Kage Baker,
The Children of the Company
(Tor, 2005)

Kage Baker's Company series is now on its eighth volume, which includes a chapbook and a story collection. In large, the series traces the story of Dr. Zeus Inc., a company that discovered time travel and is now engaged in looting ... mmm, "saving," the treasures of the past. Previous volumes have been characterized as "serio-comic," but in this latest entry, The Children of the Company, the comic aspects are so muted as to be invisible.

Because time travel only works one way -- a traveler can move backward, but not forward -- the Company creates immortal cyborgs, unkillable androids built on the frames of mortals, to be its agents. The title stems in part because these cyborgs are taken as children and altered and trained -- "enhanced" -- until they reach adulthood. And because it is a fact (at least in the Company's official position) that history cannot be changed, the cyborgs work in the shadow of events, those parts of history that have no written record. The characters, then, are the cyborgs, who are busily building their own little empires, jockeying for position, building alliances and finding ways to make enemies look bad, all with the idea that when the time comes -- and it will, in the mid-24th century -- when the company reaches standstill, which is to say when the past has caught up to the present, they will make their move.

The central thread in this volume is Executive Facilitator General Labienus, who provides a frame for the various episodes: he is in his office in the Northwest Territories of Canada, going through files and reviewing his career. It is a series of deep schemes, subtle and sometimes not-so-subtle revenge, and underhanded politics, all directed by a mind who holds both the company and humanity, as well as most of his peers, in complete contempt. The story is, by necessity, episodic, spanning millennia beginning in the days of the first agricultural societies, which the Company protects from their more warlike neighbors through the agency of the Enforcers, and revolves around a core group of cyborgs that have for the most part been introduced in earlier novels: Lewis, the Literature Preservation Specialist who comes very close to being destroyed and spends years in a regeneration tank, with his memories of the event carefully erased; Kalugin, a Marine Specialist, who is maneuvered into an experimental submarine in the Bering Sea and left there when the sub is sunk, only because Labienus thinks that he might at some point constitute a threat; Victor, a young Facilitator who is at first loyal to Aegeus, Labienus' chief rival, but is turned.

Victor's fall from youthful idealism to distrust and cynicism provides a major storyline in the book. He comes to a turning point when he realizes that Labienus has used him to eliminate his rivals, such as Budu, the chief of the Enforcers, and neutralize those he finds in some way threatening, such as Lewis (although Lewis does seem to manage to survive).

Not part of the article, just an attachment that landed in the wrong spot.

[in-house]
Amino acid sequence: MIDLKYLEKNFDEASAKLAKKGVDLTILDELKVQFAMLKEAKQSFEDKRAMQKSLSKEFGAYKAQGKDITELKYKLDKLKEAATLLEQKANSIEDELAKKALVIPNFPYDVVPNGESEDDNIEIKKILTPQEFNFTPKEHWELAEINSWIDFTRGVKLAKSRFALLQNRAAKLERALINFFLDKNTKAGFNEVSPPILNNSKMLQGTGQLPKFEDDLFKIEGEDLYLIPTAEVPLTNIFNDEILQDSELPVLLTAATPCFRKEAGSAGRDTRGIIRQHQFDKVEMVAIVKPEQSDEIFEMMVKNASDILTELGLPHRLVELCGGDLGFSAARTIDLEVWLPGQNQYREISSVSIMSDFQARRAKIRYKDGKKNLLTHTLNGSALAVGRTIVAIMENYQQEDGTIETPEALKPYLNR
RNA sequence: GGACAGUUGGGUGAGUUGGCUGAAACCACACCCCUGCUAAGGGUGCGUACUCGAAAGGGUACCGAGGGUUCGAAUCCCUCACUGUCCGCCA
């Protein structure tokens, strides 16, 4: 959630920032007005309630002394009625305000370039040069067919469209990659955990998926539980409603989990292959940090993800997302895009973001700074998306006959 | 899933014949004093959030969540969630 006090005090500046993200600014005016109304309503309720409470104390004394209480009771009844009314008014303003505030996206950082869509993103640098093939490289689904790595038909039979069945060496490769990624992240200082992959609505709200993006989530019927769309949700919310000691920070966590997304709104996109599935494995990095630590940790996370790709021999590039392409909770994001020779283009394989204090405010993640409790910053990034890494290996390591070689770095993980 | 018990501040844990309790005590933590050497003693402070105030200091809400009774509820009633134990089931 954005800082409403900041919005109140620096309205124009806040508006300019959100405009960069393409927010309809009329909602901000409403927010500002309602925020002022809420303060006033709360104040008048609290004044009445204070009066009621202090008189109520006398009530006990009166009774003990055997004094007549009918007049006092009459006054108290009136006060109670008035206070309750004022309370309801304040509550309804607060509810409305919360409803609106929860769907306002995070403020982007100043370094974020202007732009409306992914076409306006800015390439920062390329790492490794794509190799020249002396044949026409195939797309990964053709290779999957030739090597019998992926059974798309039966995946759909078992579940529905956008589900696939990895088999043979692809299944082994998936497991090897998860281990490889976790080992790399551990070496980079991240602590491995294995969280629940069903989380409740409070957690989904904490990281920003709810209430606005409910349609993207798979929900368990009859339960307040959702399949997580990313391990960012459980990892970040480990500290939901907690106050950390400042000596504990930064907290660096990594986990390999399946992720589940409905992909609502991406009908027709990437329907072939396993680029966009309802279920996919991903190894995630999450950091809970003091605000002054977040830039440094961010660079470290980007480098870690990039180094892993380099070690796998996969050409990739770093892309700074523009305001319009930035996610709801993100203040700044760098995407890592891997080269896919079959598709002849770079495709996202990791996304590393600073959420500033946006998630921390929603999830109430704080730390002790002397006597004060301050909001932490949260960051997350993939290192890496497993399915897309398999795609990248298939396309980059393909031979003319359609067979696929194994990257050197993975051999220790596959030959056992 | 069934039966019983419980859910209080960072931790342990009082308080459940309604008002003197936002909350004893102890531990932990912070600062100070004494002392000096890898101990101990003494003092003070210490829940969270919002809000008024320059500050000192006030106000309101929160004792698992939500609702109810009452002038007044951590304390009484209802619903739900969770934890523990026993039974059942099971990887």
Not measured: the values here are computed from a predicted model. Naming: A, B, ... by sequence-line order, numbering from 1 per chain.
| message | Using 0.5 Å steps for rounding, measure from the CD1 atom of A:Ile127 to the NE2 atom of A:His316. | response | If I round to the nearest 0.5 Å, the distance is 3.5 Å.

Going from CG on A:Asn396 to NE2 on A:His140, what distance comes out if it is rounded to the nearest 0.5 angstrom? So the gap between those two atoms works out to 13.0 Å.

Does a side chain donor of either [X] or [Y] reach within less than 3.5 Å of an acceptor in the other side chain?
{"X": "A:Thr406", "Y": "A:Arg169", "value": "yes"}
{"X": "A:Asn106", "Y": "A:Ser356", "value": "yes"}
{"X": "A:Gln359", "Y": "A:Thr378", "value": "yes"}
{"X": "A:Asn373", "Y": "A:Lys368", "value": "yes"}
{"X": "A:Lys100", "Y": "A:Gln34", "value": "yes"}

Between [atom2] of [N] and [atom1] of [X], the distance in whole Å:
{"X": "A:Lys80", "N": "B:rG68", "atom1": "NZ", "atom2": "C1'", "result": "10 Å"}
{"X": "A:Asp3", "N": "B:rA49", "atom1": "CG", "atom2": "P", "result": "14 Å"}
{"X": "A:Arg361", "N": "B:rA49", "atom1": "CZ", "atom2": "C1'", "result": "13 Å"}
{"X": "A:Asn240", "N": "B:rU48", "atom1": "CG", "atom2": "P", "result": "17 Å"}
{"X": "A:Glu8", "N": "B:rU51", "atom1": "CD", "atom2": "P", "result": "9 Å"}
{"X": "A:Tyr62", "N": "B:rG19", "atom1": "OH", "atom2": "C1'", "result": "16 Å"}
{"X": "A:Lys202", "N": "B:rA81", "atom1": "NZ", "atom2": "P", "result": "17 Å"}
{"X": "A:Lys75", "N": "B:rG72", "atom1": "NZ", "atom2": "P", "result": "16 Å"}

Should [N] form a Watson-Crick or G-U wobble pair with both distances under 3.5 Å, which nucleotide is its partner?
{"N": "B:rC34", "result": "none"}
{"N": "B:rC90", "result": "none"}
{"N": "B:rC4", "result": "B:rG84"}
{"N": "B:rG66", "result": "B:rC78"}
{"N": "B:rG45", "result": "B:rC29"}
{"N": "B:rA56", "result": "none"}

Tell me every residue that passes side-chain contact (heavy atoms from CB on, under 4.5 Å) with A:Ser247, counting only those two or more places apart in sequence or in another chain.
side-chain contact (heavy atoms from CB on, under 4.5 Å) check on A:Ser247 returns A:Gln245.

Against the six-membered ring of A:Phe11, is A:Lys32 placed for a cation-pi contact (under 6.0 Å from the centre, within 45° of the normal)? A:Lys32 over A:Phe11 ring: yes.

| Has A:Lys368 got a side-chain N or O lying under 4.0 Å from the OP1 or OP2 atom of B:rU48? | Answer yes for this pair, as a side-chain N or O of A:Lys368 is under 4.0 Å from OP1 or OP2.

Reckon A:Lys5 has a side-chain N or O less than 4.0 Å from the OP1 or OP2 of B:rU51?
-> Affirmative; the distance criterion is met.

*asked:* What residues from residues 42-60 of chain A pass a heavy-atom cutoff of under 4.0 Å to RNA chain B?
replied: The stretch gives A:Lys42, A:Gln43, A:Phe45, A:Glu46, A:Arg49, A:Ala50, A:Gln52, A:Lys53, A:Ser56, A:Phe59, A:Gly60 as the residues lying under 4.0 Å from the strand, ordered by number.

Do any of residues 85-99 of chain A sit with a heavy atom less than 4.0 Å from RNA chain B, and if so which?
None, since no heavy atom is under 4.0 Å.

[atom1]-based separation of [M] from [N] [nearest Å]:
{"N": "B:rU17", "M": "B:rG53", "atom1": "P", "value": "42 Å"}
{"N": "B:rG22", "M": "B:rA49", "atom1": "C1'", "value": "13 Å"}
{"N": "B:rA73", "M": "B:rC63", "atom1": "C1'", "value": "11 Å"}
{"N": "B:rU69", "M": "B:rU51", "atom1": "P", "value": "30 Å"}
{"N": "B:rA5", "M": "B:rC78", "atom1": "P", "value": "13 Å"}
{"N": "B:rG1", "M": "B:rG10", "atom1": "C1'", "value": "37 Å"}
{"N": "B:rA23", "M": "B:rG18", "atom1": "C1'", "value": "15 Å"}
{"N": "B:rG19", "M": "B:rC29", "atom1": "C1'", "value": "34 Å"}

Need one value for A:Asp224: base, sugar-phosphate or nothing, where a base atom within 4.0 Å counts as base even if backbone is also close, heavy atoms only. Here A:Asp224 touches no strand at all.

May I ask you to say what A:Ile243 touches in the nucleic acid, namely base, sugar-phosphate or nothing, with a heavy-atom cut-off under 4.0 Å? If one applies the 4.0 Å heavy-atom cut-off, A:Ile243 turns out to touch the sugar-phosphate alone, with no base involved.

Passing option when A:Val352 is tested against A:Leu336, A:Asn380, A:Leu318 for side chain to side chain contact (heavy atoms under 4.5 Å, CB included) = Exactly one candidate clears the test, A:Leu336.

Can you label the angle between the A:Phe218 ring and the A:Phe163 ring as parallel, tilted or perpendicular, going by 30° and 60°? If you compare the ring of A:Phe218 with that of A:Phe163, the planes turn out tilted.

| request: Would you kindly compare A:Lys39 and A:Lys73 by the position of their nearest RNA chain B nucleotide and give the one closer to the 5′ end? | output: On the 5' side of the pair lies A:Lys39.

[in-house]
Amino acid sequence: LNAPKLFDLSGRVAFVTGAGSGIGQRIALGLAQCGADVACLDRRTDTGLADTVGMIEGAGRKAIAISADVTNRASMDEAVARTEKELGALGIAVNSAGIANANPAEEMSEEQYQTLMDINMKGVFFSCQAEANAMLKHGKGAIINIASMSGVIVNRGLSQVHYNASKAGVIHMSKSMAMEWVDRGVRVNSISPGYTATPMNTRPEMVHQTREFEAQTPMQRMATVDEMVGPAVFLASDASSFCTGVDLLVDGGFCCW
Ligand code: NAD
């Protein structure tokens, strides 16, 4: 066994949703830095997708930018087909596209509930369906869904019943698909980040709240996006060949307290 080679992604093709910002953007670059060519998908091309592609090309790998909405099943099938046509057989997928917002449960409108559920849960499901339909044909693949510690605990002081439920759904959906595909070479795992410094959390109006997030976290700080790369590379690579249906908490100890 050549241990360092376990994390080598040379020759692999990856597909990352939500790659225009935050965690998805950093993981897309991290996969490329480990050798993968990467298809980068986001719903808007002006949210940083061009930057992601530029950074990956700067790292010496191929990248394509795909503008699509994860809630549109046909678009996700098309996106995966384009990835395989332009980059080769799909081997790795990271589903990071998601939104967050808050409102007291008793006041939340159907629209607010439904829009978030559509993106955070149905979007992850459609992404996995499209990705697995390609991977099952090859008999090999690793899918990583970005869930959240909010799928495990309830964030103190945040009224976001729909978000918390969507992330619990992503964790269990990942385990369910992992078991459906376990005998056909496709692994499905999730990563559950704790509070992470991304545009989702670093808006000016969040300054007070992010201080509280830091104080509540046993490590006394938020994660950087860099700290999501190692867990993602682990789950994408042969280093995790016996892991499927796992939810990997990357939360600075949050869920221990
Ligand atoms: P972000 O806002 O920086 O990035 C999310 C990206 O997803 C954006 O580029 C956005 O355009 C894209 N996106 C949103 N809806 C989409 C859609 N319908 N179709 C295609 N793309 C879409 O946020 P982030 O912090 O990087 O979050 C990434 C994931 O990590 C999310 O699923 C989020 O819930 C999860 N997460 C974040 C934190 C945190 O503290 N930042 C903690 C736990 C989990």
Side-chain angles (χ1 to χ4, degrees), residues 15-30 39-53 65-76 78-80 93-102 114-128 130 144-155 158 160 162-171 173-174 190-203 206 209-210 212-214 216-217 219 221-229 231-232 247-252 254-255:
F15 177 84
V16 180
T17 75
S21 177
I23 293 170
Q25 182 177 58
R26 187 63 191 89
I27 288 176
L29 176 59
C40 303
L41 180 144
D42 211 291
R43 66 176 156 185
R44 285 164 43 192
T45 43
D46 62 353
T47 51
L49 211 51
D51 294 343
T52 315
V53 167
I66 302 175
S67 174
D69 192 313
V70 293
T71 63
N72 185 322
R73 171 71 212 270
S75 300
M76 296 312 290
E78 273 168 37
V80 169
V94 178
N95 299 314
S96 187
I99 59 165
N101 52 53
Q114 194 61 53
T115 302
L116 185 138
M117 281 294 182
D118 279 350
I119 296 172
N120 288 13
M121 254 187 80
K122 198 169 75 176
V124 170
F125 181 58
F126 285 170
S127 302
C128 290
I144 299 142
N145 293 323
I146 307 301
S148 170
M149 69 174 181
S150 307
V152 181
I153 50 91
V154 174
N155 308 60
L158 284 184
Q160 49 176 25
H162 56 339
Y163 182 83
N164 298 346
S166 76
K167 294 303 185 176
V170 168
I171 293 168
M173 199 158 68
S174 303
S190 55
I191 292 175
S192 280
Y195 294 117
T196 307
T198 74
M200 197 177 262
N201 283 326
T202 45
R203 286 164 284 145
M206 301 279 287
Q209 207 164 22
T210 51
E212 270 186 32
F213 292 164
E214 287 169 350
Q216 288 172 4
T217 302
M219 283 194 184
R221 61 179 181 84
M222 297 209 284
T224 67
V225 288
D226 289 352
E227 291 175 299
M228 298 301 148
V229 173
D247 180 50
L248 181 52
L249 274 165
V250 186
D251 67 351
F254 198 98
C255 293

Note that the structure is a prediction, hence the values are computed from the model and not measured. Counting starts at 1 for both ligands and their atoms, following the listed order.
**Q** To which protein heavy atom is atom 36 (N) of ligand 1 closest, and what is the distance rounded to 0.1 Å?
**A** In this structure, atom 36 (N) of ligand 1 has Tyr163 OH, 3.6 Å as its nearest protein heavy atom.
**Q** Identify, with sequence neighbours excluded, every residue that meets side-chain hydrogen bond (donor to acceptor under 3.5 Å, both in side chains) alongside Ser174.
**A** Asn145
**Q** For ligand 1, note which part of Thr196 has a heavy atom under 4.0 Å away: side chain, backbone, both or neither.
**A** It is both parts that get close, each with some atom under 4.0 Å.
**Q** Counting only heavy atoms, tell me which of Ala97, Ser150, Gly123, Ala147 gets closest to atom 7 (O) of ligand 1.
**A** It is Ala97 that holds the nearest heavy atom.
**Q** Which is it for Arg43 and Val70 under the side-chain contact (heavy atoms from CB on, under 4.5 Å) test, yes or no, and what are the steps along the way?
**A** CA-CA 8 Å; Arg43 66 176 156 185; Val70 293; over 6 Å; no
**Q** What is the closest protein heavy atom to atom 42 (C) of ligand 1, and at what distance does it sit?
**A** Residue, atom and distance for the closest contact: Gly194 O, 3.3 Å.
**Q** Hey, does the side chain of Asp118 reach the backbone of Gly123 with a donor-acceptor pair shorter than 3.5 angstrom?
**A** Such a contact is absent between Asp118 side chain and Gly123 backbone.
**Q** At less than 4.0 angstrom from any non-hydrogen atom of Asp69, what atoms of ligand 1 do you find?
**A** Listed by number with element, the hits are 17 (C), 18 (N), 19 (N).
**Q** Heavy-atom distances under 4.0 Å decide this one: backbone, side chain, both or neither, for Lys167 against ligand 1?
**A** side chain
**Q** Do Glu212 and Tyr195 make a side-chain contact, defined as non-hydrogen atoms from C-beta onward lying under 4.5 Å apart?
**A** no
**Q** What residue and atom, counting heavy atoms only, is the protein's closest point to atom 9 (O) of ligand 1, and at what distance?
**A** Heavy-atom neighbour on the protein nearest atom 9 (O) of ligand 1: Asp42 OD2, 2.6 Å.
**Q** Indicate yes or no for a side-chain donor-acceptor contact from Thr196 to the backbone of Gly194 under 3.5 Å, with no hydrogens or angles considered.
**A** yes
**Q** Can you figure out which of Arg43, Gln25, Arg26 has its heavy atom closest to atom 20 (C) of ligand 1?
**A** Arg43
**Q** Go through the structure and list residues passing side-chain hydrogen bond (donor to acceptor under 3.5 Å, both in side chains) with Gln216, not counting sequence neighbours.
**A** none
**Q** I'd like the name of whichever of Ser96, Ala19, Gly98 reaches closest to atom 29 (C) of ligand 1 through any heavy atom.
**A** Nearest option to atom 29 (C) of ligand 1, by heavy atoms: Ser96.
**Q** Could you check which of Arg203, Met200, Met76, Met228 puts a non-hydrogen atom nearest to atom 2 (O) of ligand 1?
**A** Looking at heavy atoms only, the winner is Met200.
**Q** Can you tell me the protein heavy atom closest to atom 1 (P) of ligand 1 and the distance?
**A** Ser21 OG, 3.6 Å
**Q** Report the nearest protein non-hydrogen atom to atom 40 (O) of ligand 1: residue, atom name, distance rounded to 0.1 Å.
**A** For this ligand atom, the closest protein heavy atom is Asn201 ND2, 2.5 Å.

There are some sections of the book that drag. Kalugin's monologue, as he sinks in his submarine confident of prompt rescue and then realizes that he is being abandoned, approaches self-indulgence, although the book on the whole is fairly tight. Characterization is rich enough that we are even inclined to accept Labienus as the product of millennia of the erosion of his human qualities, rather than as a cartoon. And of course, the scope of the story is breathtaking: from the preliterate Fertile Crescent through Ireland in the Dark Ages to 17th-century Holland to the San Francisco earthquake of 1906 to modern times, as the Facilitators and their crews move from crisis to crisis and Labienus weaves his webs. One gains a real sense of an ongoing story, of which this is merely a selected group of episodes.

There are some wry touches: the cyborgs are intoxicated by chocolate, and Lewis's monomania about books is often humorous. Overall, though, it is very easy to take this as a savage indictment of multinational corporations, their goals, their methods and their effects. Although there are some good aspects to the Company's activities -- who would not jump at a chance to do research in the Alexandrian Library, or to have Aeschylus' lost plays available, or to view the golden treasures of the Incas that were melted down for bullion by the Spanish? -- Baker plainly lays out the ways in which power and greed can subvert even the most idealistic goals, and Labienus is a hard look at ruthless cynicism in the service of unrestrained ego.

It's a disturbing book. Even though it's not one that I can say I enjoyed, I have to say that it most definitely is an excellent example of science fiction, pulling in all the possibilities that mode has for sharp satire and broad social commentary. I am not one, however, who can contemplate a creature such as Labienus with equanimity. There is no real resolution, which adds to the discomfort: it is as much a subtle and indirect character study as anything else, and quite effective.

For this particular volume in the series, I don't think one need be familiar with the others, although that would certainly add to the enjoyment. That enjoyment, however, is going to be tempered by some fairly fundamental unease.

Other Company books to date include: In the Garden of Iden, Sky Coyote, Mendoza in Hollywood, The Graveyard Game, The Angel in the Darkness (chapbook), Black Projects, White Knights: The Company Dossiers (story collection) and The Life of the World to Come.

by Robert M. Tilendis
14 January 2006

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